Political Science class preps for a Cuban excursion

While many of us will spend the last half of our winter break resting up after the holiday rush, one group of CLU students will head to Cuba, accompanied by California Lutheran University political science professor Gregory Freeland.

Leaving Friday, Jan. 4, from Los Angeles, the group will spend 10 days in Cuba studying the country’s history, culture and political structure.

Cuba is located 90 miles from the coast of Florida and remains a mystery to many Americans.

Freeland hopes the trip will give students an overall education of the country.

“The contrast between what they have heard and even learned about Cuba prior to the trip and the actual experience and how valuable this process is to their overall higher learning experience is what I hope students will learn from this trip,” said Freeland.

Cuba provides a unique learning experience for CLU students. With the distinctive cultural and political atmosphere in the country due to economic boycotts and a communist political system, Cuba will likely open students’ eyes.

“I’m interested in studying Cuba and the different culture. I want to see the way they live their lives,” said Michael Gooch, a CLU student who will be joining Freeland in Cuba.

The history of Cuba will be one of the many focuses of the group. The Cuban Missile Crisis, the writings of Ernest Hemingway and the reign of Fidel Castro will be studied as well.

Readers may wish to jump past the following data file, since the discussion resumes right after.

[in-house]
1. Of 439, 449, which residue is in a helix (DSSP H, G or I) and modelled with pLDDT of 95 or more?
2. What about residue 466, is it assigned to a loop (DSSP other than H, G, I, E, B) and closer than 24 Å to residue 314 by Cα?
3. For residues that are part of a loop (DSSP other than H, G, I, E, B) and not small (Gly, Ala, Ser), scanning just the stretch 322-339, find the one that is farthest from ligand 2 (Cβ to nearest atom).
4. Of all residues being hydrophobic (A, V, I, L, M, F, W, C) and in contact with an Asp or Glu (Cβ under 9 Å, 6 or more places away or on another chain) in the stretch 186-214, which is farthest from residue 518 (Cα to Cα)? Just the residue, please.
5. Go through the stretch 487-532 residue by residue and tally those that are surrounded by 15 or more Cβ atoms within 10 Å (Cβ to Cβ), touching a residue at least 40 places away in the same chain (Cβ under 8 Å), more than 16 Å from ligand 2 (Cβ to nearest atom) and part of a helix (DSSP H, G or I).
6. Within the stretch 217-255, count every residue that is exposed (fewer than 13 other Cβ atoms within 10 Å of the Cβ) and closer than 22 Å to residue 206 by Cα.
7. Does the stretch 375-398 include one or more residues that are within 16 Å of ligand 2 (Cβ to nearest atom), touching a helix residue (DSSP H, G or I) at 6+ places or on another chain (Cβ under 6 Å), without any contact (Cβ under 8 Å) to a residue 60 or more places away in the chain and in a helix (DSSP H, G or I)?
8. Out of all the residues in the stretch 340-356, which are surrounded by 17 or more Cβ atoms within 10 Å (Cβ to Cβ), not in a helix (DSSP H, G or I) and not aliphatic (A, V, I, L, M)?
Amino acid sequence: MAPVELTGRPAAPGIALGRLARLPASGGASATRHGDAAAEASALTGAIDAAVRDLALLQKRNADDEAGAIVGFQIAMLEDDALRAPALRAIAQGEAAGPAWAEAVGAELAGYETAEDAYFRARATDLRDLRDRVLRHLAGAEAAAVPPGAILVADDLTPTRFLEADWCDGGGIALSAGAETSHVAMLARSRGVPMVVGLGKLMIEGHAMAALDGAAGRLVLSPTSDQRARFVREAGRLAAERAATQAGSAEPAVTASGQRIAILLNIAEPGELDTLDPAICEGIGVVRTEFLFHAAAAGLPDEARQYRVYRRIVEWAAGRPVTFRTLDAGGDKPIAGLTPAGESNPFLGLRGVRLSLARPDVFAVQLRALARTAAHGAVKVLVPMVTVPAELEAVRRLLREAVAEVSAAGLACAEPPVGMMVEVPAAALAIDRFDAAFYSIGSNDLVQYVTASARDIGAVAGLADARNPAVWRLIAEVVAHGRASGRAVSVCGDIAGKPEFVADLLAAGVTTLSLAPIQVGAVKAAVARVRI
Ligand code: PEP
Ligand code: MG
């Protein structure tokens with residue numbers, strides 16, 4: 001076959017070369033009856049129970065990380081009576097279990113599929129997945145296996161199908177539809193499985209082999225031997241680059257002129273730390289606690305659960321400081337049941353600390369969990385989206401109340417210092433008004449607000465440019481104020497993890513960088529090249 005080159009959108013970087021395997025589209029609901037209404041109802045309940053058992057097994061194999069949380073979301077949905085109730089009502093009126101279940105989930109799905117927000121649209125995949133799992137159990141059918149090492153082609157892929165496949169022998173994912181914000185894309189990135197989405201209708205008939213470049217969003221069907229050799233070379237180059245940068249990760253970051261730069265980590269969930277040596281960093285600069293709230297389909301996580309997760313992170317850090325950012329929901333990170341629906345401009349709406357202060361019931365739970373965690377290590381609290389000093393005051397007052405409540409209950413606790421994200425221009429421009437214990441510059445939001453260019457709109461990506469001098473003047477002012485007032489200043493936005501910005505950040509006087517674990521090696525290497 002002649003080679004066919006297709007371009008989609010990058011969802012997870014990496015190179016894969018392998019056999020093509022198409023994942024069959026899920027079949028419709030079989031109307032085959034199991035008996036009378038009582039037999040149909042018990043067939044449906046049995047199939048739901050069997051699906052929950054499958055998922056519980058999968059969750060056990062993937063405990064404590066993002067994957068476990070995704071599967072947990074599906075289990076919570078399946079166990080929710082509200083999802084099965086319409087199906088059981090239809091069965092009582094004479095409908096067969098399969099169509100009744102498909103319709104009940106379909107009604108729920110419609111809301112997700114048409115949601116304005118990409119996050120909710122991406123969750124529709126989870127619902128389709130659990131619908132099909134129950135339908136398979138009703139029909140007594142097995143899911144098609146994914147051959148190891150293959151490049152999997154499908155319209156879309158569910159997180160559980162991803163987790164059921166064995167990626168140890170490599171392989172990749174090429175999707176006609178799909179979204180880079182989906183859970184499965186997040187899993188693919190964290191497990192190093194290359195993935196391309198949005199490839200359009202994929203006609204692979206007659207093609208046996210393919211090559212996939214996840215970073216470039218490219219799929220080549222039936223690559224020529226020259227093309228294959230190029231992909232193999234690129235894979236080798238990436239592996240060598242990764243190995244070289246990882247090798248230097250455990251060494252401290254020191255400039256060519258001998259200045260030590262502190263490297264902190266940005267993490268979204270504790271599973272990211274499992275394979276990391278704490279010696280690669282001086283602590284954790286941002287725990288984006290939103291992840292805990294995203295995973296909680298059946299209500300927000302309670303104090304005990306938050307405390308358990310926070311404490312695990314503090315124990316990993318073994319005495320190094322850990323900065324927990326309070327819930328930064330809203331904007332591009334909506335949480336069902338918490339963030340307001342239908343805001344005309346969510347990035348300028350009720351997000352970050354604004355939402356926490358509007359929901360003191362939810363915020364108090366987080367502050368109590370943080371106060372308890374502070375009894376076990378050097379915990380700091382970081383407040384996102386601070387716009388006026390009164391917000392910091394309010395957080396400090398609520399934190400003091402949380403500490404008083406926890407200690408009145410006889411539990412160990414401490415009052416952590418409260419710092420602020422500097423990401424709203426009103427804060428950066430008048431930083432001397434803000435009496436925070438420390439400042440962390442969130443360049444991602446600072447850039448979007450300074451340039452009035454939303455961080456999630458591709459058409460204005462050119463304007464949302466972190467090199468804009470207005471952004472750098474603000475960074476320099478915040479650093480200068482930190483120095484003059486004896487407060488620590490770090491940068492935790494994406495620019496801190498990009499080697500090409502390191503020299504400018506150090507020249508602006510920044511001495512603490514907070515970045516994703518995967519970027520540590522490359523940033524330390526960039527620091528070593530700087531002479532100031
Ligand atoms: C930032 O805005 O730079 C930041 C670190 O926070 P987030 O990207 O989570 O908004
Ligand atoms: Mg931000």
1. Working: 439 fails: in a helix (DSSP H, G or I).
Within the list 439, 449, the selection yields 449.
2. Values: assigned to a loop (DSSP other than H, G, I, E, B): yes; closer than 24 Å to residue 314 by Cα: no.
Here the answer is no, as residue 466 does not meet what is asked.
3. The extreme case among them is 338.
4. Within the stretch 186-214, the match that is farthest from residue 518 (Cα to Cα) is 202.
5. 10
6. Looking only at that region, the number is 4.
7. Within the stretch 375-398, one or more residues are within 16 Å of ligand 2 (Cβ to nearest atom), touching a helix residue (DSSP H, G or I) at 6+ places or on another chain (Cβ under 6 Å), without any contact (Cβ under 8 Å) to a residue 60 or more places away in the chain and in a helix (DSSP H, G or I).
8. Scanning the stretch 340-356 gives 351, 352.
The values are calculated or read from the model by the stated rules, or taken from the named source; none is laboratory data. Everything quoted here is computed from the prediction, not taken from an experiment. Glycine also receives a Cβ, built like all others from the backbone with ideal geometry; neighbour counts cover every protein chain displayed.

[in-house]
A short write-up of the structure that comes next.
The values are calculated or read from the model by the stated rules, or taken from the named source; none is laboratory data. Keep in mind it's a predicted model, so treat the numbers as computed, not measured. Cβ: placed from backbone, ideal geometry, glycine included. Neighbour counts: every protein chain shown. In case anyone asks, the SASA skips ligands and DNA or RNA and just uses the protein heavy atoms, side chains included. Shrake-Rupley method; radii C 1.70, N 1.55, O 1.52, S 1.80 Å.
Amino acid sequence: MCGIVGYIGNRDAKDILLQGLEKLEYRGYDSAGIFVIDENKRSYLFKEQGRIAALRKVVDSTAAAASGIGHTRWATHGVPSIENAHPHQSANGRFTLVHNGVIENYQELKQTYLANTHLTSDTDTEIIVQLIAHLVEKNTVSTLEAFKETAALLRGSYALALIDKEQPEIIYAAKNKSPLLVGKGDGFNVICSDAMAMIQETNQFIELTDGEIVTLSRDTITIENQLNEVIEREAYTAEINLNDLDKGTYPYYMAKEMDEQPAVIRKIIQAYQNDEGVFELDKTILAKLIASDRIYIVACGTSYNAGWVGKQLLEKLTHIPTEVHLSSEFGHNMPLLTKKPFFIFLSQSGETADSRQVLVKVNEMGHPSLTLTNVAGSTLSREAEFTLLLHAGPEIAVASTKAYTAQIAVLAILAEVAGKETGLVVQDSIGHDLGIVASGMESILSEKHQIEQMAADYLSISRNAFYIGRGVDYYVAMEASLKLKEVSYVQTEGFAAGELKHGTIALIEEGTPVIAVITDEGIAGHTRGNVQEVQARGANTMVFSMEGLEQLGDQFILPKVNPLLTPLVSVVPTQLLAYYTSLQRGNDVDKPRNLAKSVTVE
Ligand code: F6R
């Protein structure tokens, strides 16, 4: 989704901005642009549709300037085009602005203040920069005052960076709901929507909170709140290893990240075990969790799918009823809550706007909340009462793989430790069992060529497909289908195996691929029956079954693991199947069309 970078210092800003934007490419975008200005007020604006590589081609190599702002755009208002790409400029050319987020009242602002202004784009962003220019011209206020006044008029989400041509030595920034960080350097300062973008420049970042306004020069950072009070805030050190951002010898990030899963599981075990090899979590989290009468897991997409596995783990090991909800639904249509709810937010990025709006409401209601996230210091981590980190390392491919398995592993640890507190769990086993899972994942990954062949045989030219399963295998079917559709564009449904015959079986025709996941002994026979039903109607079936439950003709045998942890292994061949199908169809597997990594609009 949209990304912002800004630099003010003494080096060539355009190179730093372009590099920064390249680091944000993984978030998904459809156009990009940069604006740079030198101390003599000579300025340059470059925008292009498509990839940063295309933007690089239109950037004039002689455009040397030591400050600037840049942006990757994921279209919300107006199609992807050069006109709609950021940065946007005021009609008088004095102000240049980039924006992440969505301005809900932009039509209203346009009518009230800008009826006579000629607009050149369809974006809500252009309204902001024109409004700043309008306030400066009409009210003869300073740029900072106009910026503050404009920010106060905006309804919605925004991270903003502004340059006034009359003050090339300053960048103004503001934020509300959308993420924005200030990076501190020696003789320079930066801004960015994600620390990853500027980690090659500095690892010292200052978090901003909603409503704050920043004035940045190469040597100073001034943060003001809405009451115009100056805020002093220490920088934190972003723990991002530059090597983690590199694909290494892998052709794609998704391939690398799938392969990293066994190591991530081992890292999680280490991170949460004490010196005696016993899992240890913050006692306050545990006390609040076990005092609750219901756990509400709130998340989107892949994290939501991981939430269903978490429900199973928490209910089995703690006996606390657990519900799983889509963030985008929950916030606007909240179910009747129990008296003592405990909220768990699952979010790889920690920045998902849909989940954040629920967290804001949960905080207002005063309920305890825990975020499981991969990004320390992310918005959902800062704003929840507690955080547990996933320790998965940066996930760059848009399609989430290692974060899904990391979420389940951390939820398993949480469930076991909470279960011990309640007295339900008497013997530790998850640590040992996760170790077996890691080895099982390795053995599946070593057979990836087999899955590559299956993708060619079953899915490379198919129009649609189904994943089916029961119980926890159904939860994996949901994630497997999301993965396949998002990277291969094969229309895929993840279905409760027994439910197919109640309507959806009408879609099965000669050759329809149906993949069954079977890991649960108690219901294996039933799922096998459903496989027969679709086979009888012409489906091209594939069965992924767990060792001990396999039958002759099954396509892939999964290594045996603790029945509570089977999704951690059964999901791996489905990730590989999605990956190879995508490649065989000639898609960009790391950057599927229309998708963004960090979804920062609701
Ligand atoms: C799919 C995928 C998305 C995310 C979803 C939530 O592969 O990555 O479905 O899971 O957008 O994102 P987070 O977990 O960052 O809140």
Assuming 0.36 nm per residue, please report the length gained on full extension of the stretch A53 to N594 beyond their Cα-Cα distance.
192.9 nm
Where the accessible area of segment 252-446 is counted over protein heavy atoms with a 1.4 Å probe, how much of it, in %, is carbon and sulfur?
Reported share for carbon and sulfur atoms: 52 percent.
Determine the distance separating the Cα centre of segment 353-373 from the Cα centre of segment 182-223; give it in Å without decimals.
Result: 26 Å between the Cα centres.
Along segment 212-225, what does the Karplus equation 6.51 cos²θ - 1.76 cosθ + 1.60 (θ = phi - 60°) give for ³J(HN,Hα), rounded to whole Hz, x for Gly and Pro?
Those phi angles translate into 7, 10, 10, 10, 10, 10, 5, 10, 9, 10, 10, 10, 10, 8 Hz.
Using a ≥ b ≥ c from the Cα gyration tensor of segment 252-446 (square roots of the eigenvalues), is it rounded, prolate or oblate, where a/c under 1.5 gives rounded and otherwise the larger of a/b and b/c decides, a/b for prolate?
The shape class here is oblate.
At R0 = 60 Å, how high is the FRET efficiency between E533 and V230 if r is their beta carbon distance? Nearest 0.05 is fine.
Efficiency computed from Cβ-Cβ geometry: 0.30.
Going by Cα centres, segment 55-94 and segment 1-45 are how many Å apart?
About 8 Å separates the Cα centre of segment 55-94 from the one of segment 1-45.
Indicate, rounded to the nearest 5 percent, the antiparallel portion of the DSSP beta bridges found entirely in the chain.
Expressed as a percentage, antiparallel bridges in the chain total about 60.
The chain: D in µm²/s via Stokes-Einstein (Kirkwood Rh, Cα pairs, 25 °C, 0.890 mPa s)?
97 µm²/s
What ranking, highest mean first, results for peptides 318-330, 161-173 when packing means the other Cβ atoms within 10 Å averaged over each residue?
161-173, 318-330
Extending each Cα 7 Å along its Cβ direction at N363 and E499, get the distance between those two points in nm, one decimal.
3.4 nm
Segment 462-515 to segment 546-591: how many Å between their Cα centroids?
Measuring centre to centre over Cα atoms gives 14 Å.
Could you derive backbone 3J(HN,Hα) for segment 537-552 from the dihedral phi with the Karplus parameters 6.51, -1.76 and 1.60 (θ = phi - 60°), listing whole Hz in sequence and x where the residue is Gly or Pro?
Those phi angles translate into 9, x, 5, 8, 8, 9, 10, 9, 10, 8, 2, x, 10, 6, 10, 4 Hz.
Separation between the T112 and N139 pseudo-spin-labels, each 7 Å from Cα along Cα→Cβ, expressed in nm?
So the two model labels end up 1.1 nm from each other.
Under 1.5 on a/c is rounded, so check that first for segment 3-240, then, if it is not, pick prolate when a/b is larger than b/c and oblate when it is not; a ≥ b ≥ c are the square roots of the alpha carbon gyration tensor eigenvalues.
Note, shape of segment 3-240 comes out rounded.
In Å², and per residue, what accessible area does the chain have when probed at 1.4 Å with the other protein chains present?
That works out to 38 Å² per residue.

Students will get to experience the architecture of the country and the history of western influence there.

“It is important for students to get an overall feeling and knowledge base, historical, cultural and political of the Caribbean region as a whole and an introduction to Cuban life and its main characteristics,” said Freeland.

Cuba will also provide a wide array of cultural learning. Traditional music, such as rumba and Cuban drumming will fill the air, as will the crack of a bat hitting a baseball as many Cubans often play one of their national sports. The group will also be introduced to the beaches and local foods.

The CLU students will gain a general understanding of Cuba and its history, culture and politics.

The group is currently enrolled in Caribbean Politics and Culture, a prerequisite for the trip.

In the class they will be introduced to traditional readings, watch Cuban films and listen to Cuban music. Guest speakers will also add to the students’ learning.

“Dr. Freeland would often talk about the Caribbean in class. I have studied abroad before, why not again? It’s going to be great,” said group member Steven Oster.

Freeland said the days will be brimming with activities.

“They will vary and each day and most nights will be a full schedule,” said Freeland.

Planned highlights include a visit to old Havana, a walk through John Lennon Park, a trip to the United States Interests Section in Havana and the capitol.

One night trip will feature an Afro-Cuban religious service with a drumming ceremony that will follow.

Visits to the local nightclub or national ballet will give the group a taste of the music. Eating local food in homes that double as restaurants to introduce them to real Cuban food.

Although this is Freeland’s first trip to Cuba, he has taken CLU students to Jamaica in 2011 and 2012.


Matt O’Brien
Staff Writer
Published Oct. 31, 2012